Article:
“Sierra Arrives,” excerpt from novel “Pushing the River”

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Marie hardly ever called.  She apologized on a regular basis for being a lousy long-distance correspondent, feeling helpless as she watched all of her cherished Chicago connections eluding her grasp, her own ardent desire to keep them close set against a paralysis at doing anything that might stop them all from receding more and more into her corners.  So it was particularly unusual for Madeline to see Marie’s name, and her pixie-of-steel face flashing across the phone screen at 10:00 pm.  No way this can be good, Madeline thought to herself.

            “I don’t know what’s going on exactly.  Sierra sent me a text yesterday saying that Mom was acting weird, and now she’s just texted me saying that she’s not safe.”

            “Oh, shit.”

            “I think Sierra’s locked herself in the bathroom.  I think my mom’s talking to Uncle Steve.”

            “Oh, shit.”

            “I know this is a lot to ask, but is there any way that you can go and pick her up?  Bring her to your house?  I’m so sorry.”

             “Problem is I’m working tonight.  Til midnight.  I’m on phone duty, so I can’t leave.  Let me think.”

            “She doesn’t have any minutes left on her damn phone, so I can’t call her.  Can’t talk to her.  This is all through text.  Madeline, you’re not the first person I called.  I called everyone else I can think of.  I can’t reach anyone.  No one.”   Marie took a breath and said, “I’m so sorry.  I so didn’t want to drag you in to all of this.  I was so hoping my mom could hold it together just a little while longer.  Just til I move back.”

            “It’s OK, Marie.  If Sierra’s not safe, that’s all that matters.

            “I think she needs to get out of there now.  Like, now.  If I can get a ride for her, can she stay with you?  Can she come up there?  Tonight?  Right now?”

            “Of course,” Madeline said.

            “I might have to call a cab.  I might have to see if I can charge a cab, if they’ll take my credit card from here.”

            “What!?  That’s insane.  That’s gonna be a fortune!  I’ll be off work at midnight…”

            “Too long.  As long as I know it’s ok for her to come up there, I gotta go.  I gotta take care of this.”

            “It’s fine.”

            “I’m so sorry.”

            “You’re gonna really piss me off if you keep apologizing.”

            “Bye.  Sorry.”

            At fifteen minutes after midnight, Madeline opened the door, and only then did it occur to her that she had not seen Sierra for  two full years, four years since she had seen her without a heavily and carefully painted face.  Even the wildly striped hair did nothing to dilute the impact of seeing a child, a very small, very young, very sad and scared child standing there.  A child who happened to be seven months pregnant.

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            All Madeline could see in front of her was the giant-eyed little girl sitting in her big sister’s lap the night they met, rocking crazily back and forth on the floor in utter jubilation.

            “Whoa, you’re pregnant!”  Madeline quipped gamely.

            “Ha ha.  You’re hilarious.”

            “Look, you must be exhausted.  We’re not going to talk about anything tonight.  Not a thing.  You’re going to get a good night’s sleep.  Your sister told me you can’t make any phone calls cause you don’t have any ‘minutes,’ so I charged up my phone for you.  I’ve got unlimited minutes, so go wild.  Call anyone you want to.  Are you hungry?  Do you want something to eat?”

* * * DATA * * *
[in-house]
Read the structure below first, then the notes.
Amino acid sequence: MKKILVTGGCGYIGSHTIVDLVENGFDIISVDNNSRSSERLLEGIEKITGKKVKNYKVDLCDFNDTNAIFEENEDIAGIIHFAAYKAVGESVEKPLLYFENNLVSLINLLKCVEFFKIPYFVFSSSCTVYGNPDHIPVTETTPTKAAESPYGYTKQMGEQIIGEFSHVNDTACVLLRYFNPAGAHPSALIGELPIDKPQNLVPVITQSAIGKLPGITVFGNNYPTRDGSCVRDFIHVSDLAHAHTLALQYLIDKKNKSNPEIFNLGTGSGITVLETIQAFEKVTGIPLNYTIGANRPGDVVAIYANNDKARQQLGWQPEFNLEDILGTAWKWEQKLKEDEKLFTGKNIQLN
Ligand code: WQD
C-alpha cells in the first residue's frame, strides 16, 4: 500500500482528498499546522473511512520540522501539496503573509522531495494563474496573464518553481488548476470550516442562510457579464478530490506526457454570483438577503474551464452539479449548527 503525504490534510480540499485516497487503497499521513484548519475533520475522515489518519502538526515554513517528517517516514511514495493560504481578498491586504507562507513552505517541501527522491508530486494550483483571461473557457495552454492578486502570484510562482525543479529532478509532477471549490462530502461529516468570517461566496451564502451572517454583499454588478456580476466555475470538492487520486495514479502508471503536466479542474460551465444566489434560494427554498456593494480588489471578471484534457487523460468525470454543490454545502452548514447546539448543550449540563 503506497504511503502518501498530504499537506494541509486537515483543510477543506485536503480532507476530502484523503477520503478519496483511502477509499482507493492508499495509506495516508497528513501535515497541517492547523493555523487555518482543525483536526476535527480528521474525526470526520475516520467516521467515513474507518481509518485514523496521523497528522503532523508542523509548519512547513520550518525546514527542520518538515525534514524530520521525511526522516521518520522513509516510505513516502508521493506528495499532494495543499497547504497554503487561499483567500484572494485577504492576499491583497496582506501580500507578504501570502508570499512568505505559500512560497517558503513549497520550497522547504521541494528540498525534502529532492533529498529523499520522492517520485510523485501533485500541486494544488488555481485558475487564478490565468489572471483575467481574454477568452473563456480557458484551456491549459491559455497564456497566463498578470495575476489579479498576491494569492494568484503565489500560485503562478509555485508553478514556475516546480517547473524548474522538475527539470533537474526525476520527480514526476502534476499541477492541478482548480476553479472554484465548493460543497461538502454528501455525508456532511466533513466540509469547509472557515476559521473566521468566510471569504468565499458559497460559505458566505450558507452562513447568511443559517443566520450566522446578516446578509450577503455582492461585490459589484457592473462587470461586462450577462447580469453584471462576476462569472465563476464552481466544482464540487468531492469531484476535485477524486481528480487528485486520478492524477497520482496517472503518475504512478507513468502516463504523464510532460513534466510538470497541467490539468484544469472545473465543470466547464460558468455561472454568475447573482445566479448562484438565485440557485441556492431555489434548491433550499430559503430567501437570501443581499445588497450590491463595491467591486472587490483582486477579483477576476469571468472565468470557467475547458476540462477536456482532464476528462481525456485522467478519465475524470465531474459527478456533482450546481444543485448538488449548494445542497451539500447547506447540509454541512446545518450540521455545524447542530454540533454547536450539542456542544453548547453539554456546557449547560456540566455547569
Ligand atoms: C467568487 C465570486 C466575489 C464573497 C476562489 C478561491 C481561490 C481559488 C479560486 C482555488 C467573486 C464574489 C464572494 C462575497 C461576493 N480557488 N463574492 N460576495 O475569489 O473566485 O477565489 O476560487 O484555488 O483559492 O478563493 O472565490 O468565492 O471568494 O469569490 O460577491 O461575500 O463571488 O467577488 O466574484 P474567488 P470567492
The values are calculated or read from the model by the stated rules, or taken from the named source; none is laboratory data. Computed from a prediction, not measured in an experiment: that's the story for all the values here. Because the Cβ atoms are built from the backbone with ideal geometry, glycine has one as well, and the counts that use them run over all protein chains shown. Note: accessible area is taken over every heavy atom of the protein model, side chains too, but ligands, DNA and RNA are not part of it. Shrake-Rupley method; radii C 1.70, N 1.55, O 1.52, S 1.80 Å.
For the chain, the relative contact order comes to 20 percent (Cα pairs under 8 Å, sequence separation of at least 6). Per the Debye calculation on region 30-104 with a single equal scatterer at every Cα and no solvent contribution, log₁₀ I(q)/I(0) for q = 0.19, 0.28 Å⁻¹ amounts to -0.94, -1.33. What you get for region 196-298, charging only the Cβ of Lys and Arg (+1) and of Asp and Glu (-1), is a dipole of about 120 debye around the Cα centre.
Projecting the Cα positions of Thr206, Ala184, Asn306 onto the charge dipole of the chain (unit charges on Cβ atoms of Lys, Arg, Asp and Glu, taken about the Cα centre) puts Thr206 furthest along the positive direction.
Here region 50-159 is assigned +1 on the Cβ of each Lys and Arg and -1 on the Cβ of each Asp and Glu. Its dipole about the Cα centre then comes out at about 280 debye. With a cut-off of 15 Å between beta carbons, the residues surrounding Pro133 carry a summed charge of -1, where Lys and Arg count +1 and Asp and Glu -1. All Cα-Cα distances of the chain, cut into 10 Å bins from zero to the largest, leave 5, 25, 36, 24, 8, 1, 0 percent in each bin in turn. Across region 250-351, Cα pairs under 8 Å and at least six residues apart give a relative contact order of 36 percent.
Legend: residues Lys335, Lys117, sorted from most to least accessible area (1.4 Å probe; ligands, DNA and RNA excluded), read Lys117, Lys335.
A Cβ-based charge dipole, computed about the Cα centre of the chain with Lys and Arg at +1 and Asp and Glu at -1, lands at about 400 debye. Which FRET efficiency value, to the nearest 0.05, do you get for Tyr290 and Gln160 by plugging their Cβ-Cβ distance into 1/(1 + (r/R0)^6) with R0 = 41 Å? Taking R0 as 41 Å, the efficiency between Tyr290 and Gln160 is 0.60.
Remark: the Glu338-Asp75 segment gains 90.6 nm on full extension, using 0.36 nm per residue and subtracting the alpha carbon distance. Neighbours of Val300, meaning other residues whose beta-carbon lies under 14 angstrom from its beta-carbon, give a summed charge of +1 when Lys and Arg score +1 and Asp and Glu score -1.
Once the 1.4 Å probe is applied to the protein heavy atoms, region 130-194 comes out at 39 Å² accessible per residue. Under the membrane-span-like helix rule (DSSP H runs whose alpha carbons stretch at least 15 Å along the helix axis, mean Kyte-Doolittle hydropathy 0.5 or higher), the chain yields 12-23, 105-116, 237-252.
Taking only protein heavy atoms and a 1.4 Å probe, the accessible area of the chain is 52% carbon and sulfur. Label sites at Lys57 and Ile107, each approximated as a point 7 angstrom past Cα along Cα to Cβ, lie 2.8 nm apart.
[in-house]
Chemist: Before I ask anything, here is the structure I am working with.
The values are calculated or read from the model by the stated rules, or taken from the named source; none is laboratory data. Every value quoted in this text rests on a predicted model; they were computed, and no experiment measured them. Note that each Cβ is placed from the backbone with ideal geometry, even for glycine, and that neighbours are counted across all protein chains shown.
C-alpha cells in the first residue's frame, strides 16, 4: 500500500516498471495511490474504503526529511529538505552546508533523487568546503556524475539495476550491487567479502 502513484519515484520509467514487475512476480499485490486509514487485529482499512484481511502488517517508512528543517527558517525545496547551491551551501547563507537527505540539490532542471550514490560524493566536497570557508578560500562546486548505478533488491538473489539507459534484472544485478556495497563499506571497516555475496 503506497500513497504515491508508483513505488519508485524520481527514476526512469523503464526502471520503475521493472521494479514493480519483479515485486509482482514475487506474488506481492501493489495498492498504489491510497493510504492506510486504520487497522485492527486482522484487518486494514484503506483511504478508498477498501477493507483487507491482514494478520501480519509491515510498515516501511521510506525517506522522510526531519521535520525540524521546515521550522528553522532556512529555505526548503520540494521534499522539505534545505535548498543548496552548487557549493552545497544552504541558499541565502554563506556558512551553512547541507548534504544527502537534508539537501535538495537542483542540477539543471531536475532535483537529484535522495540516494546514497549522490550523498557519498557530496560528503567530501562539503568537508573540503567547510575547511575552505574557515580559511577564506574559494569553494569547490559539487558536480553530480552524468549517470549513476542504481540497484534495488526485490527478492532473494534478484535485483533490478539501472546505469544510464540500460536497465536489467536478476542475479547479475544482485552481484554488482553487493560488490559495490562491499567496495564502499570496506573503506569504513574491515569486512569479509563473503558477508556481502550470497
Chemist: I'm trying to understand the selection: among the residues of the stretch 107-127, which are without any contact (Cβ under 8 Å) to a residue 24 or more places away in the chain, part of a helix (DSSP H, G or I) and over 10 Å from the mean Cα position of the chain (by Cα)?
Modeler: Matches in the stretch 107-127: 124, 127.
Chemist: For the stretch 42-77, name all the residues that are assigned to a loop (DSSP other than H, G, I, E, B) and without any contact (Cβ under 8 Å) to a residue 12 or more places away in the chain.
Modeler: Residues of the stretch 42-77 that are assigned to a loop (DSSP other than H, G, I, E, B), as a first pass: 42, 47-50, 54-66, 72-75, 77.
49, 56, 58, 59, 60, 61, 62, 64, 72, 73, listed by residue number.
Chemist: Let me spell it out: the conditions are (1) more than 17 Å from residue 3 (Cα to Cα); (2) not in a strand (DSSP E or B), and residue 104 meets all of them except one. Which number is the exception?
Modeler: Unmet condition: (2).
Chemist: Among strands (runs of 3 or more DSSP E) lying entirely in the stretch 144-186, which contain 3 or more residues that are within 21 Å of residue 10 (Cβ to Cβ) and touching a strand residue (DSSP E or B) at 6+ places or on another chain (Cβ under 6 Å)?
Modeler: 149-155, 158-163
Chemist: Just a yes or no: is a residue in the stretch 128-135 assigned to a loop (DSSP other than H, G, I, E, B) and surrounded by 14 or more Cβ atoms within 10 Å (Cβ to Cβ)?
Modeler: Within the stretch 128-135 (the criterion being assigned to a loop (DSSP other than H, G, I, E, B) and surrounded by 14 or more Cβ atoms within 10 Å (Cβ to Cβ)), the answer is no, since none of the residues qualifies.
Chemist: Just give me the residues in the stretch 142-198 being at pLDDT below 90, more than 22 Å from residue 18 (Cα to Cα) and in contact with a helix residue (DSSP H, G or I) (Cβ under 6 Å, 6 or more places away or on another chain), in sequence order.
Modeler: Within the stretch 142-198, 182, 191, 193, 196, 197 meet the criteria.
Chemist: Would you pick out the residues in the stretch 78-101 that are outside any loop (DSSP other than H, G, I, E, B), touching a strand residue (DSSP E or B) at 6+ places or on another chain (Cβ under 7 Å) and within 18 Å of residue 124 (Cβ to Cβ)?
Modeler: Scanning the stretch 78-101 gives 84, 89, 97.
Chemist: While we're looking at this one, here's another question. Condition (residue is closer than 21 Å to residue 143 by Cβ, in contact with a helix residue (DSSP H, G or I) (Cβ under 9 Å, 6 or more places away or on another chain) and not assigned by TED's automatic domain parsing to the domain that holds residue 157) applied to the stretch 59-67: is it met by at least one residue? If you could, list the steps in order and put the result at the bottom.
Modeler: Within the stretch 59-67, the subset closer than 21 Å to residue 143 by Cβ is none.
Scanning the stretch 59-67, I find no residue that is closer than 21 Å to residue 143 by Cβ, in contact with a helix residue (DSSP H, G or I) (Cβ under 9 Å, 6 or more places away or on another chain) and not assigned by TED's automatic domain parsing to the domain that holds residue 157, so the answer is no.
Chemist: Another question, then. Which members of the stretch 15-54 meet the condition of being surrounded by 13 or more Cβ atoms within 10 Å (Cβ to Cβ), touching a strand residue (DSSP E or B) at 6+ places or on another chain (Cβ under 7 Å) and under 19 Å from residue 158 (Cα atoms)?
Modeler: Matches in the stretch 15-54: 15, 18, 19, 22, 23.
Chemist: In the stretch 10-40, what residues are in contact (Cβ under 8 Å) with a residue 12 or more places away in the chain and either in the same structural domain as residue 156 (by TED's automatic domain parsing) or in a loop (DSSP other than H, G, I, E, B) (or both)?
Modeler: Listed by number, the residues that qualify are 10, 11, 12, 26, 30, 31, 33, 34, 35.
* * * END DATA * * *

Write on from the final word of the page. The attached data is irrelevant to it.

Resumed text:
“I’m pretty tired.”

            “Want to just go to bed then?”

            “Yeah. Well. Do you have any milk?  Not the weird organic stuff you used to get, just regular old milk?”

            “I still swear you cannot tell the difference in the milk.”

            “That’s what you always said about the gummy bears, so ha.”

            “I only have organic.”

            “Do you have chocolate I can put in?”

            “I do.  Your sister left about a gallon of it.”

            “Can you make it for me?  Can you warm it up?”

            “Gawd, you’re high maintenance.”

            “Can you bring it upstairs when it’s ready?  I gotta make a call.”

            “Sure.  You go on up.”

            Halfway up the stairs, Sierra stopped for a second, turned part way around, and said very quietly, “Thank you, MadMad.”

            “Yeah, yeah.”

            “A lot of chocolate, OK?  Really a lot.”

            A thousand memories merged when Madeline heard, deep in a hard-won sleep, the sound of faint, small footsteps coming down the hallway towards her room.  For many years, the Boy believed that his mother never slept a wink, but lay there all night doing nothing more than observing some quaint custom; how else to explain that by the time he reached her bedside– each and every time for a whole childhood — by the time he got close, she said in a full, wide-awake voice, “What’s wrong, honey?”  Not a drop of sleep remained when Sierra whispered into the darkness, “MadMad.  I’m really sorry.  Marie said I had to wake you up.  She’s on the phone.”

            “Madeline, my mother called the police.  She reported Sierra as a runaway, and that means you’re harboring a runaway, and that means you’re gonna get arrested.  The policeman is there with my mother right now.  I have him on the phone.  In my other ear.  While I’m talking to you.  You have to take Sierra home right now, or the police are gonna come arrest you.”

            “You’ve gotta be fucking kidding.”

            “No.  Most definitely not.”

            “Does this cop know about Uncle Steve?  Does he know that Billie is talking to Uncle Steve?”

            “Yes.  He knows.”

            “Does he know that Uncle Steve has been dead for fifteen years?”

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